The "quasi-legal" gambling proposed by Bill 29-35 is a very bad idea.

I view the introduction of the bill as a trial balloon to take the community's temperature for the possibility of full-on legal casino gambling as our politicians view Saipan's casino with envious eyes.

Gambling places an excessively heavy tax on the members of our community least able to afford the cost: Those trapped in low-level service jobs struggling to make ends meet from paycheck to paycheck, which is about 60 percent of Guam's employees.

I am old enough to remember the financial carnage inflicted on Guam during the poker machine craze that hit Guam in the 1970s. I remember watching a woman beg for police to arrest her husband because he was in gambling away his entire paycheck, and the family had no food in the house, the power was turned off and the family was facing eviction.

I lived in Reno, Nevada, for seven years and saw firsthand the carnage legal gambling inflicts on people struggling financially who are looking for a way to get ahead on their bills. I remember the shock I felt when a person I knew committed suicide after losing all his money in a casino. I remember the feeling of disappointment I felt when a neighbor stole and pawned my wife's guitar to get more money for gambling.

The victims of gambling

The majority of gambling victims in gambling cities like Reno and Las Vegas are visitors. That fact is the balm that soothes the conscience of local government officials, who point out that a majority of gambling money comes from the residents of other cities and states; while only sharing among themselves the knowledge that most of the cost of the gambling carnage is inflicted on the social service networks of those other cities and states. They take personal comfort knowing the local financial carnage is more than offset by well-funded – via strong gambling taxes and collections – local social service networks.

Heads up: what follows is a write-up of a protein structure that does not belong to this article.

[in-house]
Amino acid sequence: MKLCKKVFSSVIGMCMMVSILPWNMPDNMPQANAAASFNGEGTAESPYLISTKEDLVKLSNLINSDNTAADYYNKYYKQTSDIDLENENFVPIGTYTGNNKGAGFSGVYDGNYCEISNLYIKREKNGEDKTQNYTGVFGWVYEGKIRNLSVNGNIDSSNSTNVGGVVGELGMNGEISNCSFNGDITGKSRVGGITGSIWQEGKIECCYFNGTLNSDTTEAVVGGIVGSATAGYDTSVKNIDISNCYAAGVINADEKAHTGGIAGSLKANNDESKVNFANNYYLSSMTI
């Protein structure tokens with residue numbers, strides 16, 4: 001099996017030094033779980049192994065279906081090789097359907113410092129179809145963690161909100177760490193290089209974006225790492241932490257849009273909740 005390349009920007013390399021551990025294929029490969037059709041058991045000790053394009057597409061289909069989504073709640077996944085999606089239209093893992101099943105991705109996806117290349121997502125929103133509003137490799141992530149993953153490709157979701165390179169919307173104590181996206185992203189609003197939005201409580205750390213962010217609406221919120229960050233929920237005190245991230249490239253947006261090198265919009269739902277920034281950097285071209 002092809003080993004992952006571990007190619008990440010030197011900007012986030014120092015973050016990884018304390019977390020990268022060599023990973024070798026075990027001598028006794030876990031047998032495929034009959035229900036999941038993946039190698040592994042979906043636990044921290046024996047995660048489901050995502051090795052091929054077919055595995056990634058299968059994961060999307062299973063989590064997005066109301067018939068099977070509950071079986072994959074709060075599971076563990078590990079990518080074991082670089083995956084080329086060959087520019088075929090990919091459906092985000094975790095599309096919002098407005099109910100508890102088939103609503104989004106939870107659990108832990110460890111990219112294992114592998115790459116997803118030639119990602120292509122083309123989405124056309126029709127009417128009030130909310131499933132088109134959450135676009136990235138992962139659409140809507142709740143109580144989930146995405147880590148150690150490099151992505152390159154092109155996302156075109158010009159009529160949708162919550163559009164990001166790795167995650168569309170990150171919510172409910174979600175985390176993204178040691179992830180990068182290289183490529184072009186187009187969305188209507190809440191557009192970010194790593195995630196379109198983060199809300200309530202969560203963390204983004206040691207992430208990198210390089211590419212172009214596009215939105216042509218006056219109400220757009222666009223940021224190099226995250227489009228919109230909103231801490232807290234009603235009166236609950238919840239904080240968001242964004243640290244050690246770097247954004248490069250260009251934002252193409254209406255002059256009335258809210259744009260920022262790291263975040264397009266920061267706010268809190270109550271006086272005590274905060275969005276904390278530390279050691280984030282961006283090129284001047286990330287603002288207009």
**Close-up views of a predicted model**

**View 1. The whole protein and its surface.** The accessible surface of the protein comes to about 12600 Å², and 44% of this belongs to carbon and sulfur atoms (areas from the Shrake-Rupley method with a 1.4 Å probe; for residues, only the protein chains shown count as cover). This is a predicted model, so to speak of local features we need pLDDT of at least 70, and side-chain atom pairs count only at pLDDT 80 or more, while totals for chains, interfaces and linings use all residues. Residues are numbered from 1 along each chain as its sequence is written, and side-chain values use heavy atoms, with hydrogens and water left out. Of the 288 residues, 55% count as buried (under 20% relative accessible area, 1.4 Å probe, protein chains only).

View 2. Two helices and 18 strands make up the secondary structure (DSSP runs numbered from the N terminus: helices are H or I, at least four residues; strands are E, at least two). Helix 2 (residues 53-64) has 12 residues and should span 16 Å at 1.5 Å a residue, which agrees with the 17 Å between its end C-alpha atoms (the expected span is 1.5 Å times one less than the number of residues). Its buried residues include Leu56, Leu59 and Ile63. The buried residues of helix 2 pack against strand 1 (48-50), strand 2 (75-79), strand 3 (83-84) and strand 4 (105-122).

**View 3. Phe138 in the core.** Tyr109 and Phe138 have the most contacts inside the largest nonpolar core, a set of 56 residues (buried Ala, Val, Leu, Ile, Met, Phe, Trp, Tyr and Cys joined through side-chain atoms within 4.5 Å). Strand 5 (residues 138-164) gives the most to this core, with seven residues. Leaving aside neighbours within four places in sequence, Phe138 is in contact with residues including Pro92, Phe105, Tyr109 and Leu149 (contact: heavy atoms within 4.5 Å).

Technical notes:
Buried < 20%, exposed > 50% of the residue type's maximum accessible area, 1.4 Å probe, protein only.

In Guam's case, the majority of those attending a Liberation carnival casino will be local residents. The financial damage will be done to local families and their community. Local social service networks that deal with the financial challenges inflicted on the local community are nonexistent. Those facts make any form of legal gambling on Guam a bad idea.

If the main justification for legalizing gambling is the government does not have the financial resources to pay the expenses of an annual one-day parade celebrating the liberation of Guam, where will the government get the money to pay for 365 days a year of financial and social carnage inflicted on the families and their communities by legal gambling? The social carnage that will be inflicted on the people of Guam by legalizing gambling will cost many times more than the cost of funding the Liberation Day parade.

If the local government has such a hard time collecting income taxes, real estate taxes, hotel occupancy taxes and tobacco taxes, and is running a $100 million deficit on operations, why do we think the government will be any better at collecting casino or "games of chance" taxes?

A better strategy

Maybe a better strategy would be for the administration to pull out all the stops to collect all the business, income, property, hotel and cigarette taxes first. If the Leon Guerrero-Tenorio administration will be as successful as they predicted during the campaigns, the government should be able to pay all the expenses for the Liberation Day parade without having to impose the severe financial and social consequences of legal gambling on a community where most of the people are already living from paycheck to paycheck.

Legalizing any form of gambling will inflict heavy financial and social costs on our community. It's a fact made clear by the fact Bill 29 justifies itself as a way to raise money to pay the cost of a one-day parade the government can't afford.

Ken Leon-Guerrero is the spokesman for Guam Citizens for Public Accountability. He can be contacted at

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